# Objective Functions¶

An objective function formalizes an optimization problem for which a (somehow) optimal solution is to be found, for example using Optimizers. Given an input point within its admissible search space, an objective function returns a (possibly noisy) objective value and, optionally, its derivative. The input is typically a vector of real numbers, but the interface allows for more general cases as well. For single objective optimization the return value is a real number and the goal is to minimize it. For multi-objective optimization, the output is a vector holding the objective function value for each of the multiple goals.

Besides returning a corresponding value for a search point, objective functions in Shark also manage their own search space. In detail, they provide a method indicating if a given point is feasible, and possibly also a method which can provide the feasible point closest to an infeasible one.

## The base class ‘AbstractObjectiveFunction <SearchPointType, ResultT>’¶

### Template arguments and public types¶

The base class AbstractObjectiveFunction has two template arguments.
The first is the SarchPointType, which defines the admissible type of inputs.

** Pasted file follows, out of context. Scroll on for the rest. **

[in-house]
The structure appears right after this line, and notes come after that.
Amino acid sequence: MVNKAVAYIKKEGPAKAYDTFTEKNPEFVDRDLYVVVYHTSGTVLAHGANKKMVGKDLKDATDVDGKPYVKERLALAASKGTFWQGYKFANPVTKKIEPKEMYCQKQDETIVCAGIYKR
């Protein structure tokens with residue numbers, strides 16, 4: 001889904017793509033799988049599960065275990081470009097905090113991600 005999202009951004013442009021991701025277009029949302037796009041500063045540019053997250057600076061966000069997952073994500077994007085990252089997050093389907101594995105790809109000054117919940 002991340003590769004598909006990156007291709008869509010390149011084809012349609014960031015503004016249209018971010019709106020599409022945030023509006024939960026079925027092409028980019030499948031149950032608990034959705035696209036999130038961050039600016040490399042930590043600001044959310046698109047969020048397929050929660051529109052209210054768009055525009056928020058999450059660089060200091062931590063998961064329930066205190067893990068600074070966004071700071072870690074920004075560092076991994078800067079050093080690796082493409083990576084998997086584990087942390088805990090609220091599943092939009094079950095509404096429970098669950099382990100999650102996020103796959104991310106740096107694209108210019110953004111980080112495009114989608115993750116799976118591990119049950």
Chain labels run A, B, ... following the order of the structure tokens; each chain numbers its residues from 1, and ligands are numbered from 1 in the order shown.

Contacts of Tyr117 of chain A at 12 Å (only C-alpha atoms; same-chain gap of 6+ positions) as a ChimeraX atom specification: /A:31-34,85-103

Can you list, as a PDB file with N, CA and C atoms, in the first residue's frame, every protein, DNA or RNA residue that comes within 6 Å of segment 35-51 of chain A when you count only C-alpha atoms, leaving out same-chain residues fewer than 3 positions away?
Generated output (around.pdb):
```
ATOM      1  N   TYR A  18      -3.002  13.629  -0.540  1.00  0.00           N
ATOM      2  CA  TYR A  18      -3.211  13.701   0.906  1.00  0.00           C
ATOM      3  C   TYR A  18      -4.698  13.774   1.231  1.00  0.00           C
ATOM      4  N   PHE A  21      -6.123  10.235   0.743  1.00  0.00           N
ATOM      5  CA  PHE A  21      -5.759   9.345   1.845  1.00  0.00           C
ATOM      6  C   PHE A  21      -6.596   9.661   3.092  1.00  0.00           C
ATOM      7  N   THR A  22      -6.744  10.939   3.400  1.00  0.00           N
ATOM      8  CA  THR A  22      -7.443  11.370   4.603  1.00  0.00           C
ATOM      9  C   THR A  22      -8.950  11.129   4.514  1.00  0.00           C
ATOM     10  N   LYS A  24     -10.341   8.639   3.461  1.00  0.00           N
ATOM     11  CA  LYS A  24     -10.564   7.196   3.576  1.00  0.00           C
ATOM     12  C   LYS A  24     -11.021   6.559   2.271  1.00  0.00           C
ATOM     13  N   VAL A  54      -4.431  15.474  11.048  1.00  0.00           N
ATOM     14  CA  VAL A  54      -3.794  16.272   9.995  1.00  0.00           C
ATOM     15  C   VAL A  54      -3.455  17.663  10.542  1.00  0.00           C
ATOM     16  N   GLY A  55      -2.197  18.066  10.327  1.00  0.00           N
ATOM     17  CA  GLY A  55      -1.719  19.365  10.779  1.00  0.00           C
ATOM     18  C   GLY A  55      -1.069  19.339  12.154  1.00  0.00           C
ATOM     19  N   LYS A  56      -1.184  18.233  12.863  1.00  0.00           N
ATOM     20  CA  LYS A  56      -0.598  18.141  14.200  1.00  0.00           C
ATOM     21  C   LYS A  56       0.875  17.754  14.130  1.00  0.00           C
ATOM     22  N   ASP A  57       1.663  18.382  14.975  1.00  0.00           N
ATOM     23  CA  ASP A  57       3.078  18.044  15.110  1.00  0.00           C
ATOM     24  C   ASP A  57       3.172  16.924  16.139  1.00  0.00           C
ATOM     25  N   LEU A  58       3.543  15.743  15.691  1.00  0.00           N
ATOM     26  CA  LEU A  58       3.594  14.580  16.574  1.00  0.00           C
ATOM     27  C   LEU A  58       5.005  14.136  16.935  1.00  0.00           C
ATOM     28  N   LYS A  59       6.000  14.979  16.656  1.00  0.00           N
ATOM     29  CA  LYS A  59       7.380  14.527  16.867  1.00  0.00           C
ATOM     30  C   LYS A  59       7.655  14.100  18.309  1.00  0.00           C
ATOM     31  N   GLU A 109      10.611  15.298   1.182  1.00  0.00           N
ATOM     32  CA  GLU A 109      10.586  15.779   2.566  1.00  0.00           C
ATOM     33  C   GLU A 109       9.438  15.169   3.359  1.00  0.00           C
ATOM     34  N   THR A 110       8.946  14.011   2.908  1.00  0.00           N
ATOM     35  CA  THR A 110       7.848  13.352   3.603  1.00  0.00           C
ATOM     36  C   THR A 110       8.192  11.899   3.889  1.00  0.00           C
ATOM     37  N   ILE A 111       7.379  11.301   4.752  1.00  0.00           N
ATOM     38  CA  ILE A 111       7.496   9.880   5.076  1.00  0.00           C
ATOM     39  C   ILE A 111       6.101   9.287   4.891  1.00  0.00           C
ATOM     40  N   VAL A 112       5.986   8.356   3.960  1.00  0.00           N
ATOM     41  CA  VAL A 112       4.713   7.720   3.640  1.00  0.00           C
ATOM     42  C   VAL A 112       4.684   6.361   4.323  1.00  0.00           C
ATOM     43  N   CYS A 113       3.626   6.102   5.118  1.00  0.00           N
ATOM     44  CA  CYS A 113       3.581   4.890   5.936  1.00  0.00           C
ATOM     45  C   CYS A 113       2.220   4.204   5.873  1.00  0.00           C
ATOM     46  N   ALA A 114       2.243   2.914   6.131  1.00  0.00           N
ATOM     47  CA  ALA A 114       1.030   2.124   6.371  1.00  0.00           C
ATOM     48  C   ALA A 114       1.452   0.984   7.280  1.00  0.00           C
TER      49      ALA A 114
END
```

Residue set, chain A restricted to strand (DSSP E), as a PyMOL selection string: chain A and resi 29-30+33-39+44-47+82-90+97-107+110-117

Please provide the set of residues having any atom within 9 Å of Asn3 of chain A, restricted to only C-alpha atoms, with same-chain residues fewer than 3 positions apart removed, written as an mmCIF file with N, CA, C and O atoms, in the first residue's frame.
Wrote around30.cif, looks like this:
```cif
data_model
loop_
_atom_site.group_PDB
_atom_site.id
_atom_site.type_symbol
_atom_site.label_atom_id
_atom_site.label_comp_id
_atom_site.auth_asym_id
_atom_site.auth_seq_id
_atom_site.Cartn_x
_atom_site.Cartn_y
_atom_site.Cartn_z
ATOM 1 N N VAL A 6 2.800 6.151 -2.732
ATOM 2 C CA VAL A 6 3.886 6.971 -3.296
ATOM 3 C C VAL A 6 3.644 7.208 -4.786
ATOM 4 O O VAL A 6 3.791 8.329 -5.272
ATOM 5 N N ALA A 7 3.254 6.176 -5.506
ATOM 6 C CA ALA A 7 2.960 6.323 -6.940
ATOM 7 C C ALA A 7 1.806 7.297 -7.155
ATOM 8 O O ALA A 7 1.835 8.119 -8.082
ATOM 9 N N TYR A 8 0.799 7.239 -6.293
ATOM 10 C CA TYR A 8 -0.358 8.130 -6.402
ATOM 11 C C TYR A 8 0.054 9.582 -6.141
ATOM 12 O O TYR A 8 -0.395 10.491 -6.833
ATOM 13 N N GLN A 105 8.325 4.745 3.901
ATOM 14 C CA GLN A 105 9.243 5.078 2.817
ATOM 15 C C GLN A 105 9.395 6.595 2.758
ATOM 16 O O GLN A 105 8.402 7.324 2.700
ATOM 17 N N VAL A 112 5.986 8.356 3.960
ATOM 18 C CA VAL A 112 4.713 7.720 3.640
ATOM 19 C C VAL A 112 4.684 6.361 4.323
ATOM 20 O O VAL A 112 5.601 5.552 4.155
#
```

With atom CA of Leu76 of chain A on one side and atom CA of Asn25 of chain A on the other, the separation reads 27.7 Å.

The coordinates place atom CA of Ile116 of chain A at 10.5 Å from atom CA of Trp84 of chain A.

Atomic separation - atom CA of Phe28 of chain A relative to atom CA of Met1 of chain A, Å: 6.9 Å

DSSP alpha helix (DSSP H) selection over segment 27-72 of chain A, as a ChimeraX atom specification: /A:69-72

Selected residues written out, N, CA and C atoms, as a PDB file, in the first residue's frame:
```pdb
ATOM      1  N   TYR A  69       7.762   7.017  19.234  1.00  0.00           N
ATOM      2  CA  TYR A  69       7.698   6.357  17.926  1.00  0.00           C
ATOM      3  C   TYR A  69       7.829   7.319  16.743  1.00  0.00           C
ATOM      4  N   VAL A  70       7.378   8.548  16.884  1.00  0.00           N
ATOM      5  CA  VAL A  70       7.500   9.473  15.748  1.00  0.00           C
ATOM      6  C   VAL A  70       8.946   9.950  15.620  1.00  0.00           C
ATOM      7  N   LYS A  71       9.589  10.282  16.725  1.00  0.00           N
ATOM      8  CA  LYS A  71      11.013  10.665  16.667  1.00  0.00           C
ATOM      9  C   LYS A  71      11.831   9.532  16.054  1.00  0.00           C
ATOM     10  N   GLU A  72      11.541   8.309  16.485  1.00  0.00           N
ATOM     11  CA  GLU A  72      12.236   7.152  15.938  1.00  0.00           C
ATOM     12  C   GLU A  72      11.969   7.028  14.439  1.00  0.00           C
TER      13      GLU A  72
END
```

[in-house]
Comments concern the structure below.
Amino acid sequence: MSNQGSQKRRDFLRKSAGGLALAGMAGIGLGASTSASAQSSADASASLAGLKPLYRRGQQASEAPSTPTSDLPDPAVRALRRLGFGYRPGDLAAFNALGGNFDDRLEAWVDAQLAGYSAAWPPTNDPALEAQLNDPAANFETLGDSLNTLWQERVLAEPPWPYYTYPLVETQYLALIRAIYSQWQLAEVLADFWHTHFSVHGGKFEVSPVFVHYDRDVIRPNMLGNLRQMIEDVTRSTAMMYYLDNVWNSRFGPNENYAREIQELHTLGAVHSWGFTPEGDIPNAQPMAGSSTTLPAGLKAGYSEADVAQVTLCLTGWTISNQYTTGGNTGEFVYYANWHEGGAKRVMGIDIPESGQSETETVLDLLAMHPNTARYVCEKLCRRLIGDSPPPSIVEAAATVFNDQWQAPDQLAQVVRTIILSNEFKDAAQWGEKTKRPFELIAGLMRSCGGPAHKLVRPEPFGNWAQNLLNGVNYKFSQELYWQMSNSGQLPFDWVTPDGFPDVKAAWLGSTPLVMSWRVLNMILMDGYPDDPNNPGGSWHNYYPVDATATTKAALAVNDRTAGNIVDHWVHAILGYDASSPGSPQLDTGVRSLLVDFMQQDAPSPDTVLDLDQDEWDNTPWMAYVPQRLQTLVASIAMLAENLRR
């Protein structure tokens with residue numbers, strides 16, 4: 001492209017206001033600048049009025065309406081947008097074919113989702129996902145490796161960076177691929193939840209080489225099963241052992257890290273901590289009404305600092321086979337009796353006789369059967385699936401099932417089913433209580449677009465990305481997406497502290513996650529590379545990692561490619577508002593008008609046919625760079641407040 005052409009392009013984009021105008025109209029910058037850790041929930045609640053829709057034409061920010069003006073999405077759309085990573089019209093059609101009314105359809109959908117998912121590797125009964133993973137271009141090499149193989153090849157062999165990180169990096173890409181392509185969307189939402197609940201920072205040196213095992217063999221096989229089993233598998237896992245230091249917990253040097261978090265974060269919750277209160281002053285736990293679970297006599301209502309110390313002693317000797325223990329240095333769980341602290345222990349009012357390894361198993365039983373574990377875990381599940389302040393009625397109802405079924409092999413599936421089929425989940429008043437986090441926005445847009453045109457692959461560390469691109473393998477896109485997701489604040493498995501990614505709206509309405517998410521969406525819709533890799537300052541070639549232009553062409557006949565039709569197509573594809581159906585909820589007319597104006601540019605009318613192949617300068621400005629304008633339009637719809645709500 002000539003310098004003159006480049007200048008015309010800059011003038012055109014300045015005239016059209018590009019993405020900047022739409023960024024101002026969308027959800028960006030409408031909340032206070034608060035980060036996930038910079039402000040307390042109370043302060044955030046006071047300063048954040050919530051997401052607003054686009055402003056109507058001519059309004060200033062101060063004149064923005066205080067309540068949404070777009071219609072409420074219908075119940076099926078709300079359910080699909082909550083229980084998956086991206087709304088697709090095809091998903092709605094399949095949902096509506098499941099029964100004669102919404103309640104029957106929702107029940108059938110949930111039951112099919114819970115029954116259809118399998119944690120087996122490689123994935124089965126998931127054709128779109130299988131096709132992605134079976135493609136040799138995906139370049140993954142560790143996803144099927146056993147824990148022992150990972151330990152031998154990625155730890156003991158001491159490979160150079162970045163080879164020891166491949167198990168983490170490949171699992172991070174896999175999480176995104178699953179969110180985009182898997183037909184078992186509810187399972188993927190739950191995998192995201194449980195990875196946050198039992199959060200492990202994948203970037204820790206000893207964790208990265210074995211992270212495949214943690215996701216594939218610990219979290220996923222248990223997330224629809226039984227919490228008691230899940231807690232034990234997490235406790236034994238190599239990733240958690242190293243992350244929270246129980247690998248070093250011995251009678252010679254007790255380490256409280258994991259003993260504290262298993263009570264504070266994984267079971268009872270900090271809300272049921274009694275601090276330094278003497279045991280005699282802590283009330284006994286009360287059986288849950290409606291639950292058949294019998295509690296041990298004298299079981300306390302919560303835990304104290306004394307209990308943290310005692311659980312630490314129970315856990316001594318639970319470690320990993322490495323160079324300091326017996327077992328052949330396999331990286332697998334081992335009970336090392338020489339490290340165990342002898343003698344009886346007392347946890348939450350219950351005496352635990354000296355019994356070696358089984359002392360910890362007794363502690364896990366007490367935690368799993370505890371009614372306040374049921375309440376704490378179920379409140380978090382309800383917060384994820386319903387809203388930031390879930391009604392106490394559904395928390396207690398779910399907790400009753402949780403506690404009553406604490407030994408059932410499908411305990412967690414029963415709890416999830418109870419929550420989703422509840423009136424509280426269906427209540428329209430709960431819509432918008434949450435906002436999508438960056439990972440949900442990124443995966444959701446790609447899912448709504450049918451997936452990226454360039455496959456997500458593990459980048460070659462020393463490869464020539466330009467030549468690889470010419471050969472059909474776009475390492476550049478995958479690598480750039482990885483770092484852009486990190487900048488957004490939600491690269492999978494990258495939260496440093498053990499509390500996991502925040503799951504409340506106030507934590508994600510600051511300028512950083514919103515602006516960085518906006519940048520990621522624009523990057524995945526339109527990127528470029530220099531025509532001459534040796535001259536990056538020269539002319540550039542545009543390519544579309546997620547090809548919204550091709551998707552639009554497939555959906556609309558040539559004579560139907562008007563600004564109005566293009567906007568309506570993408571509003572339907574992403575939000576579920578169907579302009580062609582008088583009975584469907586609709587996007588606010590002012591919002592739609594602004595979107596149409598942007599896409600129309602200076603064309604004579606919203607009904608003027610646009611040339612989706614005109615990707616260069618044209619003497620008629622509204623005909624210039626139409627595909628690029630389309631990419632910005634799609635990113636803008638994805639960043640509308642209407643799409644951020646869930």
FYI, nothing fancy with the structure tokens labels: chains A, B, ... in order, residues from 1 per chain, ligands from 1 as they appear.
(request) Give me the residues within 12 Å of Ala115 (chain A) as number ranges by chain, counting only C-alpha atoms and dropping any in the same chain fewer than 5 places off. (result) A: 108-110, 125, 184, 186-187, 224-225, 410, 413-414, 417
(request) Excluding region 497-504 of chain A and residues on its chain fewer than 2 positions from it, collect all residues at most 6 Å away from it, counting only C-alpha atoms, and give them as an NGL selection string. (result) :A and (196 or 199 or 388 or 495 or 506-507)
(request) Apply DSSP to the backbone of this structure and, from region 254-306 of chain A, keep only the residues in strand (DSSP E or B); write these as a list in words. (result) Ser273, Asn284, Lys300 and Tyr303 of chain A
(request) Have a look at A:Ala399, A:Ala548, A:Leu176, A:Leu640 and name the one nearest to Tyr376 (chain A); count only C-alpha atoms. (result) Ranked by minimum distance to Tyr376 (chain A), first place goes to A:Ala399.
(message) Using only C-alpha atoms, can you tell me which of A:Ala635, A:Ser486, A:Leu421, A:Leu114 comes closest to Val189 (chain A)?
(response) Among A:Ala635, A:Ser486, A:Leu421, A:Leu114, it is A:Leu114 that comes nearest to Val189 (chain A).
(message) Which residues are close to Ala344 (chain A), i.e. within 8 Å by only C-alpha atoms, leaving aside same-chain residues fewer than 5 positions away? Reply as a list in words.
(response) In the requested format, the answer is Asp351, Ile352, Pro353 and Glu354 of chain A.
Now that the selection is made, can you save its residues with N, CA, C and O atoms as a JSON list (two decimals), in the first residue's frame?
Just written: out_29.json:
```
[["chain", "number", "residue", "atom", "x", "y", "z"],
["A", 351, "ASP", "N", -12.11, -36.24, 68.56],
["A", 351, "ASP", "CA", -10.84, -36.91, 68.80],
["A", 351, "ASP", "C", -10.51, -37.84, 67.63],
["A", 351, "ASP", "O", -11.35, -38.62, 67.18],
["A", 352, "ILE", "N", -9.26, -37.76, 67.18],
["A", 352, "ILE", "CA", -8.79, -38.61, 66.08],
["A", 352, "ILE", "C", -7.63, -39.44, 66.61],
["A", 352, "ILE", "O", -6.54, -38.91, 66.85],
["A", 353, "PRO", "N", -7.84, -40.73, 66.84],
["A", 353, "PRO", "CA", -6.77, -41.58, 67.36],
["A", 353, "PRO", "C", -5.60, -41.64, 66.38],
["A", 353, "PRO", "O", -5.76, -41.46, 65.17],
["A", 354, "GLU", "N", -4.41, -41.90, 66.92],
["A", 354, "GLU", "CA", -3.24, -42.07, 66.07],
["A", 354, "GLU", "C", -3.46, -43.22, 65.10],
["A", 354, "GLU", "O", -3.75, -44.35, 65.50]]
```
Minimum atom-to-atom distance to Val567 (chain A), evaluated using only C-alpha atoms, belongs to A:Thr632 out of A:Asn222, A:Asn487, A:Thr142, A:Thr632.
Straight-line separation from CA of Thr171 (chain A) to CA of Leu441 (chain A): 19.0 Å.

`ResultT`

defines the return type of the objective
function, which for single-objective functions is `double`

, and `RealVector`

for multi-objective functions. Thus, a typical single objective function has as
type signature `AbstractObjectiveFunction< RealVector, double >`

and
a multi objective function `AbstractObjectiveFunction< RealVector, RealVector >`

.
The following two typedefs are used throughout hark to make the distinction clear:

Typedef | Description |
---|---|

`SingleObjectiveFunction` |
`SearchPointType` is `RealVector` , `ResultType` is `double` |

`MultiObjectiveFunction` |
`SearchPointType` is `RealVector` , `ResultType` is `RealVector` |

Based on the search space type, the following types are inferred and made public as typedefs:

Types | Description |
---|---|

SearchPointType | Type of an input point |

FirstOrderDerivative | Type of the derivative with respect to the point |

SecondOrderDerivative | Type of the object storing the first and second order derivative |

### Flags¶

Objective functions have a set of flags which indicate their capabilities and constraints. Accessor functions ease querying these flags: